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We offer breastfeeding support from home!
Call 501-526-3558 to set up a telelactation appointment with an International Board Certified Lactation Consultant!
Private insurance and Medicaid accepted for lactation consultation services.
We support and encourage all mothers in their choice of feeding. We do recommend that you consider breastfeeding or providing breast milk
for your new baby for as long as you can. UAMS is a Baby-Friendly designated hospital. If you experience someone not supporting the breastfeeding mother, please let the unit managers know immediately. If you are pumping your milk, please be sure to check on your supply with the milk lab often!
The Benefits of Breast Milk
Breast milk is the food your baby’s body is designed to eat. Breast milk helps your baby’s immune system, intestines and brain develop to protect them from illness. Breast milk contains hundreds of compounds designed
to help your baby grow. Formula does not contain these protective compounds and can, in some cases, increase a child’s risk of disease.
Mom’s own breast milk can:
- Decrease your baby’s chance of death from SIDS
- Decrease risk of serious infections
- Improve brain and eye development
- Help your baby’s immune system grow healthy and protect them better
- If baby is born premature, mom’s own milk can decrease your baby’s chances of having necrotizing enterocolitis, chronic lung disease, and retinopathy of prematurity (all serious illnesses).
Providing breast milk for a baby in the NICU may be one of the best things you can do for your premature or sick baby. Your baby may be too small or too sick to breastfeed at the breast so you may have to pump your milk.
Your baby may have a feeding tube and receive the milk that way. There are very few reasons why someone cannot or should not provide breast milk for their baby. Please talk with your baby’s nurse, a lactation consultant, or your baby’s doctor before you quit providing milk. If you cannot provide milk for your baby, we offer donor milk to the babies in the NICU at UAMS.
If you need help getting a pump, please talk to your baby’s nurse or a lactation consultant. Pumping for your baby in the NICU can come with some challenges. If you need help with your milk supply, try doing some Kangaroo Care (if your baby’s nurse says it is okay). Skin-to-skin contact may help milk supply along with some support of the lactation team, your family and friends, and all of the other staff at UAMS.
Donor milk can be used when mother’s own milk is not available. Donor milk is not like mom’s milk and does NOT provide the same benefits as those listed above but it does help decrease risk of necrotizing enterocolitis in premature babies. Learn more about feeding and nutrition for preterm babies.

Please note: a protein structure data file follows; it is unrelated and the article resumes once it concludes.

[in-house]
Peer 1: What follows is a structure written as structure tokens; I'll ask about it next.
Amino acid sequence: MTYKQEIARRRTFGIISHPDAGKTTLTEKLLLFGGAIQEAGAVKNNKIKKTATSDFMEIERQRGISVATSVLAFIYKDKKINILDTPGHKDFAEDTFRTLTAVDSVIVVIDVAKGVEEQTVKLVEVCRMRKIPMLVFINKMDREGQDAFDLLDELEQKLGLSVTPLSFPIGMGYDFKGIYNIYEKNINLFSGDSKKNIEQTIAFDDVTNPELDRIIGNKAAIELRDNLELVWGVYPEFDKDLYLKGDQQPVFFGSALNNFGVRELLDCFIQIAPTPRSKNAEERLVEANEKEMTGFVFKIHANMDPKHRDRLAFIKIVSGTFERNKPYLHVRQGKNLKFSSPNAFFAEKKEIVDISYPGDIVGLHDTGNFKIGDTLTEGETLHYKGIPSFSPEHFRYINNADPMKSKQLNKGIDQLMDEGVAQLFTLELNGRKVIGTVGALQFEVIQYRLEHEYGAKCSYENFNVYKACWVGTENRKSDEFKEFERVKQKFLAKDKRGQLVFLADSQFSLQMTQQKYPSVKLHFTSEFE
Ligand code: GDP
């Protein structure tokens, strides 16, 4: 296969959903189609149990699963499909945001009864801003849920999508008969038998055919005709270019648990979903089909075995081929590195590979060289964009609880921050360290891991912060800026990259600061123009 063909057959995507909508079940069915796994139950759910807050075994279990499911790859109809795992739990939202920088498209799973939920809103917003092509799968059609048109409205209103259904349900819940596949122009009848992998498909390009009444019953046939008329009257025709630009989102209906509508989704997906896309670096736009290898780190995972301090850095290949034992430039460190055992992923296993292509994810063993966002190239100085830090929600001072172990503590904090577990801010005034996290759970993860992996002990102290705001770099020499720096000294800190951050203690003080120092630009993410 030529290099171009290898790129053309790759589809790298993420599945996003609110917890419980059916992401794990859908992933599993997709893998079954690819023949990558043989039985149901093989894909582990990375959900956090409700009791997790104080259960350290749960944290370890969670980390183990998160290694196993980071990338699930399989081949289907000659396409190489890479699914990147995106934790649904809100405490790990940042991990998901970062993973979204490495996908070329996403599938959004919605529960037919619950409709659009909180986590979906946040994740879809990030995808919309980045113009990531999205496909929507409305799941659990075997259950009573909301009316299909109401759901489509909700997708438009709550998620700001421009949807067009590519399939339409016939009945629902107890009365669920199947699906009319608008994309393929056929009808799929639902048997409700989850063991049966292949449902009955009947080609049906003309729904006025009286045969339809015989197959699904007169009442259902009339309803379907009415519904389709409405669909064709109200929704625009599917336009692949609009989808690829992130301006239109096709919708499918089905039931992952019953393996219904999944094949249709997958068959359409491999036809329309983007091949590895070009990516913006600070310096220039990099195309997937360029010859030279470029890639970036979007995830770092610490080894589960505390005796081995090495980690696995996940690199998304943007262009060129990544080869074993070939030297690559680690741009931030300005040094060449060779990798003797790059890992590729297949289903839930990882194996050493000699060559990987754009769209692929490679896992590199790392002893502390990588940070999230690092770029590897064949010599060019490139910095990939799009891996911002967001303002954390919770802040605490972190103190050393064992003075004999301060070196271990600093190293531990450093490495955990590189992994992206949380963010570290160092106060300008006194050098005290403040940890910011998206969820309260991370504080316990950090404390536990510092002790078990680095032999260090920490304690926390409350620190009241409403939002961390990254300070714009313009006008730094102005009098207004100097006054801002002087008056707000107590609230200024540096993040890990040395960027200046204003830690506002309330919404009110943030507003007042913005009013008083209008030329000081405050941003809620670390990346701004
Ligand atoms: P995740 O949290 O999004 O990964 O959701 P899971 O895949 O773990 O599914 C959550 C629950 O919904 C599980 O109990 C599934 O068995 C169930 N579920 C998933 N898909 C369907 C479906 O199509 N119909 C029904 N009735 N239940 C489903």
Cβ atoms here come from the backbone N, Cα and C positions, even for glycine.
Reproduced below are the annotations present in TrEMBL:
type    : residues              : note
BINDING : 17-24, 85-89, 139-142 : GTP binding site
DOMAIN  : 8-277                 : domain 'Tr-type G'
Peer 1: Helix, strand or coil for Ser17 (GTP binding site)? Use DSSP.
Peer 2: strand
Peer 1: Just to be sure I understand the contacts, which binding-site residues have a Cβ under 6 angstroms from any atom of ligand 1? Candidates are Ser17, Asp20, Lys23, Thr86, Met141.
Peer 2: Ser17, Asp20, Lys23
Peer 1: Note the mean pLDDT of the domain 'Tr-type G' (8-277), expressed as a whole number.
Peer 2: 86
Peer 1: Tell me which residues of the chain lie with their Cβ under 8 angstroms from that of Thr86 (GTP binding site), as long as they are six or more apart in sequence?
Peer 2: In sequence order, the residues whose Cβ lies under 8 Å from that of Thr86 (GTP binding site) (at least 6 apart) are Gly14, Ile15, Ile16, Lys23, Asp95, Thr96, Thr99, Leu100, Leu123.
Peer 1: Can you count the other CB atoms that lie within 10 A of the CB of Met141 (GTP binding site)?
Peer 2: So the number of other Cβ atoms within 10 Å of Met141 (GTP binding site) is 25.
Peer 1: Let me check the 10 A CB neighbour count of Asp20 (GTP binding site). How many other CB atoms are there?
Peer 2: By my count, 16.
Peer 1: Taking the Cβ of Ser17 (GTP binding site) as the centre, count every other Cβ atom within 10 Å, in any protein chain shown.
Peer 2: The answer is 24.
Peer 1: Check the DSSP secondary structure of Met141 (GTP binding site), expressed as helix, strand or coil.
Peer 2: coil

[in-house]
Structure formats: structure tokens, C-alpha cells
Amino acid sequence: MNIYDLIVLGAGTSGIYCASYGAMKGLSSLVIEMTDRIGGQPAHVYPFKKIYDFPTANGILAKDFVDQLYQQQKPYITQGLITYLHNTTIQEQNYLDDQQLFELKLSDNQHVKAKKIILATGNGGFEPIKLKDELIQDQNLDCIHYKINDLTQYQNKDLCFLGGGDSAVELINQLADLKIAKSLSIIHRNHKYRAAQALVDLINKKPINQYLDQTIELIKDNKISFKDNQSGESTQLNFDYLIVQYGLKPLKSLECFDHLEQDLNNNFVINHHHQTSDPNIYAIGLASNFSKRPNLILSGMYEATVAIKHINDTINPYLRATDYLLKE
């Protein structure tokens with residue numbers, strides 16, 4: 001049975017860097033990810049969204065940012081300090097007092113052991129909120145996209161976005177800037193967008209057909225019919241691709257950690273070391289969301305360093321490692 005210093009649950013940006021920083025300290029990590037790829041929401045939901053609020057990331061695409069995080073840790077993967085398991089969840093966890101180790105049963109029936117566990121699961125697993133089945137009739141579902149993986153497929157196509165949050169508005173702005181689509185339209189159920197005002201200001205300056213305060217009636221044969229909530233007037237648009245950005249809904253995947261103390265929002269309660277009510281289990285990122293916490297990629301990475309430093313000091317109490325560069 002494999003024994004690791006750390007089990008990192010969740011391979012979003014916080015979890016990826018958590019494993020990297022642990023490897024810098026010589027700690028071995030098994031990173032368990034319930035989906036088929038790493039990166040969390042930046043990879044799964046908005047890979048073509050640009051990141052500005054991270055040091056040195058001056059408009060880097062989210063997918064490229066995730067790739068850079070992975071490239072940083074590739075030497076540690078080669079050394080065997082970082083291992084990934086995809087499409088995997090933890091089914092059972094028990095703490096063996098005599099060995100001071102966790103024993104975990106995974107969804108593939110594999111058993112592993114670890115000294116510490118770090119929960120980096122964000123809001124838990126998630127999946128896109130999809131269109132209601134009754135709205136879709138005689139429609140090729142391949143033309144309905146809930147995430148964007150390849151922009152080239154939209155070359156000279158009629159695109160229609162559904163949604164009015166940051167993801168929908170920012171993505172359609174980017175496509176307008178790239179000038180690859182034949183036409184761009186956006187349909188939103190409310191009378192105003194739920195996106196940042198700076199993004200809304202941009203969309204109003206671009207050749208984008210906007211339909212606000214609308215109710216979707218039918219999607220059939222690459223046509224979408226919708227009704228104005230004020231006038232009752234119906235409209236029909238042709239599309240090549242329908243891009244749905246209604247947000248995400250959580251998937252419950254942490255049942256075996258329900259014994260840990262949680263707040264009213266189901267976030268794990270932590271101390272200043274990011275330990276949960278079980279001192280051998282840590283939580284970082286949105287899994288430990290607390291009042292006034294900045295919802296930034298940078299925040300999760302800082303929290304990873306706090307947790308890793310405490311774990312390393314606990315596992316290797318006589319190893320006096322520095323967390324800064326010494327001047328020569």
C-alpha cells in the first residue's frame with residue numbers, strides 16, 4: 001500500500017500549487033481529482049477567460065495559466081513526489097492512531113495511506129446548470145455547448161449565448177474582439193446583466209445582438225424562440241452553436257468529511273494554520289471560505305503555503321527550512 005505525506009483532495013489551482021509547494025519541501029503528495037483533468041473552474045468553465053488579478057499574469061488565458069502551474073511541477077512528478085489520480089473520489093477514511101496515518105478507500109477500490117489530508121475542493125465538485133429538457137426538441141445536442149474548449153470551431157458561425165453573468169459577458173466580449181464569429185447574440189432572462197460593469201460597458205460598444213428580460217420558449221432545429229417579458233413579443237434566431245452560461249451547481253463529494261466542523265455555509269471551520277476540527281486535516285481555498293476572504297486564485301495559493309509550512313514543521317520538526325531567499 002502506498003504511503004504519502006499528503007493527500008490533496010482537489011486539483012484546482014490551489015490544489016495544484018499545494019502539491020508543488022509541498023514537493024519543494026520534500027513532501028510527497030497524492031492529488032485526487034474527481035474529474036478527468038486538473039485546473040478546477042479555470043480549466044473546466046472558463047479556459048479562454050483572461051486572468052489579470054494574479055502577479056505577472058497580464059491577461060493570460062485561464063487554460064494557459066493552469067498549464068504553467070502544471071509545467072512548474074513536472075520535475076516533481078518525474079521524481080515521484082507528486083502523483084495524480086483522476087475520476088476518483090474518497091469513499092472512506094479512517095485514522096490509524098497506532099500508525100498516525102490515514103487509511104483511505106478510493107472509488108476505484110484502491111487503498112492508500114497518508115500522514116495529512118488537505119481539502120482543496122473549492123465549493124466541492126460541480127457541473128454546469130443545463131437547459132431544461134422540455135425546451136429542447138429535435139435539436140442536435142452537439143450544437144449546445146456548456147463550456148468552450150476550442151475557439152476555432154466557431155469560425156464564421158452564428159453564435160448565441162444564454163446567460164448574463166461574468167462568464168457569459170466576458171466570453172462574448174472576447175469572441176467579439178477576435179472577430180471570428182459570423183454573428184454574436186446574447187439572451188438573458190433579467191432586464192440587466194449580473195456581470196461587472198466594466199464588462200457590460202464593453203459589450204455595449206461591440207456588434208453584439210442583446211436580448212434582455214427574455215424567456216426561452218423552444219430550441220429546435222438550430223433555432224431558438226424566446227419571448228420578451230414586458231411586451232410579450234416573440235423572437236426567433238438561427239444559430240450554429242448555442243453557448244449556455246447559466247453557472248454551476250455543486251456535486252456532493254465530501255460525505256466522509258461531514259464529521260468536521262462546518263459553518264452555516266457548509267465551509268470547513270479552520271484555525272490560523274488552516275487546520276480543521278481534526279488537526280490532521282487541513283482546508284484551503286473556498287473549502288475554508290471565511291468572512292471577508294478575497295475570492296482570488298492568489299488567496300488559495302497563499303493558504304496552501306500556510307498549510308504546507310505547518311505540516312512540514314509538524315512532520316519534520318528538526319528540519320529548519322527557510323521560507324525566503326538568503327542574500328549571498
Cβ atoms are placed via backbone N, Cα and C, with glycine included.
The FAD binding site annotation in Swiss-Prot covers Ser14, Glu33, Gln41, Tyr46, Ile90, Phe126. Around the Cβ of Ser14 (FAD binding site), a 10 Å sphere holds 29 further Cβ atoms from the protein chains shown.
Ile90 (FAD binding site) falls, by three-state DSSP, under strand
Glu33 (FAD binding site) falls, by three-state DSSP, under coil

Breastfeeding Can Benefit Mom, Too
Breastfeeding decreases mom’s chances of having a stroke, heart attack and breast or ovarian cancer. Breastfeeding also helps mom’s body recover from the changes that happen during her pregnancy.
Lactation (breast feeding) support will be available after the delivery of your beautiful baby, if you need it.
Cue-Based Feeding For a Baby in the NICU
Cue-based feeding means watching for your baby to show you when he/she is hungry.
Feeding your baby only when you see these signs helps them reach full feeds sooner. For that reason, we focus on the quality of the feed not the amount. Your baby’s cues or signs may also show times in the day that the baby is more alert allowing us to plan ahead. Once your baby is ready there are things that we all need to look for when deciding if your baby is hungry and ready to eat. The nurse will score the baby based upon the cues shown and a breast or bottle feed will be offered when the baby is ready.
Some of the cues your baby may show are:
- Sucks on pacifier
- Turning head
- Seeking and rooting for food
- Fingers in mouth
- Stable vital signs
During the feeding, there may be some signs that your baby is stressed or needs to stop feeding. Some of these signs are:
- Pulling away from bottle
- Arms extended or floppy
- Frowning or looked stressed
- Poor seal on the nipple
- Holding their breath
- Breathing events
- Aspiration concerns: watery eyes, coughing/choking etc.
If your baby loses weight, cannot maintain temperature, or there are concerns of aspiration their feeding plan will be changed. If you have any questions or concerns, please let your baby’s nurse or doctor know.
- If you have lactation questions please call the IDHI Call Center at 501-526-7425. This is a hotline, answered by a nurse, 24/7.
- Questions about medications and mother’s milk? Call the Infant Risk Center At Texas Tech University Health Science Center at 806-352-2519.
- You may also call UAMS Lactation Services at 501-526-3558. This is a warm-line, so you can expect a returned phone call within 48 hours.
Here is a complete guide to breastfeeding
Here is a Breastfeeding 101 module you can view